alteration by filling in the spaces between words with letters or parts of letters in order to give the printed instrument a greater value than it was originally intended to have.

Referring again to the specimen check in the accompanying drawing, it will be seen that the words printed thereon to represent the amount are all or the same length. This As hereinbefore stated, the amount may be printed on instrun'ients in words varying relatively in length and still be within the scope of the invention. 3y having the words all of the same length, however, the spaces to be occupied by many of the words may be increased out of proportion to the number of letters composing them. As a result, the chances for detecting an attempted erasure or alteration are considerably greater. It is apparent that the larger the characters the harder it is to erase them without leaving traces.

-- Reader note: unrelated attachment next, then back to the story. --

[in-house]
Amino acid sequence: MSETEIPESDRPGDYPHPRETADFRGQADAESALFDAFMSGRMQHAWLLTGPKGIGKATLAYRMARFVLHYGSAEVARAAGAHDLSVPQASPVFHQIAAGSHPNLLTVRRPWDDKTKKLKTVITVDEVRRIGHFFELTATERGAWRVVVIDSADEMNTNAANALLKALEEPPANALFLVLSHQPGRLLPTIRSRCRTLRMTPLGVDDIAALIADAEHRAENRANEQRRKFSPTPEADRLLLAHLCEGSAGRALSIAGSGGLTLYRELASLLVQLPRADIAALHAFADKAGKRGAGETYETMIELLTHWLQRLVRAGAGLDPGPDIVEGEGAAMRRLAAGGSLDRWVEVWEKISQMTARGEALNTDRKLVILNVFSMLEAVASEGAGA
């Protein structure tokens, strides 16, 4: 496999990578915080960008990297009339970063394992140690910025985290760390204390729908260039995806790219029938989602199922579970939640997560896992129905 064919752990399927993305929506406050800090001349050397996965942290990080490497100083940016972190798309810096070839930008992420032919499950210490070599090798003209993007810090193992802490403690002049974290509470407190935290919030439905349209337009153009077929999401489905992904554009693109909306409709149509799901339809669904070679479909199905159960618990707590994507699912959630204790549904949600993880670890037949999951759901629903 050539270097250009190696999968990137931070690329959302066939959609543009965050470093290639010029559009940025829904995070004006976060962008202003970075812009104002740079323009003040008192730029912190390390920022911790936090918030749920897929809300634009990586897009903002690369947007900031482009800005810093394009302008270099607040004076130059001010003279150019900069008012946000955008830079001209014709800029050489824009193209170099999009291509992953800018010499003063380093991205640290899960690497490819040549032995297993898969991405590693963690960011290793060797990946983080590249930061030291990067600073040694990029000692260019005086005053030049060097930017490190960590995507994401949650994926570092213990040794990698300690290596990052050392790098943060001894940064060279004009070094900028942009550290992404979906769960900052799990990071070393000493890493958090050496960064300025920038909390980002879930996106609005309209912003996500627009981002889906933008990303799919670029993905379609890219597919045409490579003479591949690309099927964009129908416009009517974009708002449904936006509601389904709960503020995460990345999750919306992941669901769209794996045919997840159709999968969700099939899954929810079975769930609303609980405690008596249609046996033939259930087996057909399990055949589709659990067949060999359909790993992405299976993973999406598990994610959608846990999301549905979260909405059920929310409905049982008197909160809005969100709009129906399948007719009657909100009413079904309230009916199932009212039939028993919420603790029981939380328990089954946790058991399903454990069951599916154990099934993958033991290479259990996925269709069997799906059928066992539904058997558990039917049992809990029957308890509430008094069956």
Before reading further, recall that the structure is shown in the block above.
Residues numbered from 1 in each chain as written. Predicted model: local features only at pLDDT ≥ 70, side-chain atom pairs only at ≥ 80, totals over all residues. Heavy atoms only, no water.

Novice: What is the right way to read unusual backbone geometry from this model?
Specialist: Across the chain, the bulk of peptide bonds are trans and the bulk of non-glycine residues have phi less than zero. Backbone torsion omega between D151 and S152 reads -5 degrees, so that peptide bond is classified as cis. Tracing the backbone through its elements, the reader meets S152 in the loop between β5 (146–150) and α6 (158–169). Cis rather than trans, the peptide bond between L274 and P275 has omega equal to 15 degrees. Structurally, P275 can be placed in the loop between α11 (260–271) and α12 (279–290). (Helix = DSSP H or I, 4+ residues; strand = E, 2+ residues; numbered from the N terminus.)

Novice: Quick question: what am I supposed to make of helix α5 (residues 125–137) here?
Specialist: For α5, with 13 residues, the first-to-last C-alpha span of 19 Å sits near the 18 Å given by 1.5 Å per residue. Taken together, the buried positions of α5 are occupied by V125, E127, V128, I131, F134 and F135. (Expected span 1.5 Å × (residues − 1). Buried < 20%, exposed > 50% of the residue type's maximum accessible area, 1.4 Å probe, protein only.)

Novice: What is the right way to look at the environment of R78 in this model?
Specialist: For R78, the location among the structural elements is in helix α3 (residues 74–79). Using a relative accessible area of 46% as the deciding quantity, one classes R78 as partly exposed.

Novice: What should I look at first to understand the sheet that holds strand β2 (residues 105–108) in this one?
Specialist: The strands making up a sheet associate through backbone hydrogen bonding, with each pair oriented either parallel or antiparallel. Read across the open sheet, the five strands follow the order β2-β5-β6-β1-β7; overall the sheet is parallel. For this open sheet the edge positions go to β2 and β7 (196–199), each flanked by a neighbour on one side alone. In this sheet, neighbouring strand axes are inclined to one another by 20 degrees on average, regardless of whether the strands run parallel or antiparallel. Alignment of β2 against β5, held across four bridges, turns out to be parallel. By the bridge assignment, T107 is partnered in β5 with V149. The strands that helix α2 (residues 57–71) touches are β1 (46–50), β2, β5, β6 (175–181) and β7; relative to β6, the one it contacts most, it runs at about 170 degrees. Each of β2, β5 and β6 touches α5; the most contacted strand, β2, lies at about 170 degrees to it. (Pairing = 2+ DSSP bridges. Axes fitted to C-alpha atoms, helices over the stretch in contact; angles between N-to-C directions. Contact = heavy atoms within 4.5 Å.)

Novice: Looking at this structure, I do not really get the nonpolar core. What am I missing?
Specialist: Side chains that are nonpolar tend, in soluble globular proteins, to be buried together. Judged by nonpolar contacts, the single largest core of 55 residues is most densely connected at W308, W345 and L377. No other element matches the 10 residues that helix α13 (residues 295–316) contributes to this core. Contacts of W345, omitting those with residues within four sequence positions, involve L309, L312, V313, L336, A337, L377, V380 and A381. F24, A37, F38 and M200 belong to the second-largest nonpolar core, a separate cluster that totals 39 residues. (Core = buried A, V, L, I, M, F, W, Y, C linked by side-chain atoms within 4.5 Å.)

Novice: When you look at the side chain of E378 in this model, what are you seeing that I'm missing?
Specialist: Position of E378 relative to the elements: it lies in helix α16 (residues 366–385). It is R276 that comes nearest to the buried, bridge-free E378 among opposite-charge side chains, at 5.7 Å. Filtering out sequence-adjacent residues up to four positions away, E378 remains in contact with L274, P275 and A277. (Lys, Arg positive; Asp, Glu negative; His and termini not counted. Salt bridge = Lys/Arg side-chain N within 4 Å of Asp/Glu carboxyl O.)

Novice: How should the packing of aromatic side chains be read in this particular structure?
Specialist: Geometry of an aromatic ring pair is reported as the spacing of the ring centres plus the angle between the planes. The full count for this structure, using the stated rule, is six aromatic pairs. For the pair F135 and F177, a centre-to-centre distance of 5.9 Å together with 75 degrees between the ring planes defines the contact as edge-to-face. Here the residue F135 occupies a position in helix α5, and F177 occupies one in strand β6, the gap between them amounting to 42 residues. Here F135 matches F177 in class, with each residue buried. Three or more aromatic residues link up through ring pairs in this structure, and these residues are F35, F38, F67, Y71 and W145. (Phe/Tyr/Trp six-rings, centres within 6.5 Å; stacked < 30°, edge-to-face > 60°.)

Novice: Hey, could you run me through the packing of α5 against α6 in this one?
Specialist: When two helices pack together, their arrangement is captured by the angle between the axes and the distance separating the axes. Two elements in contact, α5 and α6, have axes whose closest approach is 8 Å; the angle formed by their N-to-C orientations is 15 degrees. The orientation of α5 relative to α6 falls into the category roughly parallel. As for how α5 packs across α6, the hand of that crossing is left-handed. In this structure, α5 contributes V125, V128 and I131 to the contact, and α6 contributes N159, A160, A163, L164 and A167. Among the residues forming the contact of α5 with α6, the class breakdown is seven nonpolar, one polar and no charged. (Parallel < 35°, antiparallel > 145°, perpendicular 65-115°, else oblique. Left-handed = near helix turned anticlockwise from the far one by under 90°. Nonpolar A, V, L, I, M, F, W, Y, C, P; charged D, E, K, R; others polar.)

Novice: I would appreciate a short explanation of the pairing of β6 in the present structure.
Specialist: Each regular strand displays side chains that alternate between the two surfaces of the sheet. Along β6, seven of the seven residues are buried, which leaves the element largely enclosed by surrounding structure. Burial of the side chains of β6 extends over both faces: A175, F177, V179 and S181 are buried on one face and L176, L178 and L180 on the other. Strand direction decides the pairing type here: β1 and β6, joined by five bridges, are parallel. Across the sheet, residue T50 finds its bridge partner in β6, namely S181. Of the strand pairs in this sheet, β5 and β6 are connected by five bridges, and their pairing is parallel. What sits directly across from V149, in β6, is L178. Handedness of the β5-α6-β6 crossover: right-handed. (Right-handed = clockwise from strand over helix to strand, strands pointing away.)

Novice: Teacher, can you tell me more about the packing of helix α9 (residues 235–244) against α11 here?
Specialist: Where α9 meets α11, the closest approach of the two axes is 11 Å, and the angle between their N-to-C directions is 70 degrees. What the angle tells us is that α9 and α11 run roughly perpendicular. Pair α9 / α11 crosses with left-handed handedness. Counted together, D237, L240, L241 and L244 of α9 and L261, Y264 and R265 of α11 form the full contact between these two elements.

On the illustrative check, all. of the words of the amount are printed on the same base line and the first of the letters of each of the words are all the same in height. The last letter of each word is shorter than the first and the intermediate letters are graduated in height from left to right so that the tops of the letters composing a word all touch an imaginary line preferably extending at an acute angle A. to the base line. By this construction, the separate words of the amount may be printed substantially without spacing between them, but at the same time the entire amount can be read as quickly as though printed in ordinary type with the usual spacing between words.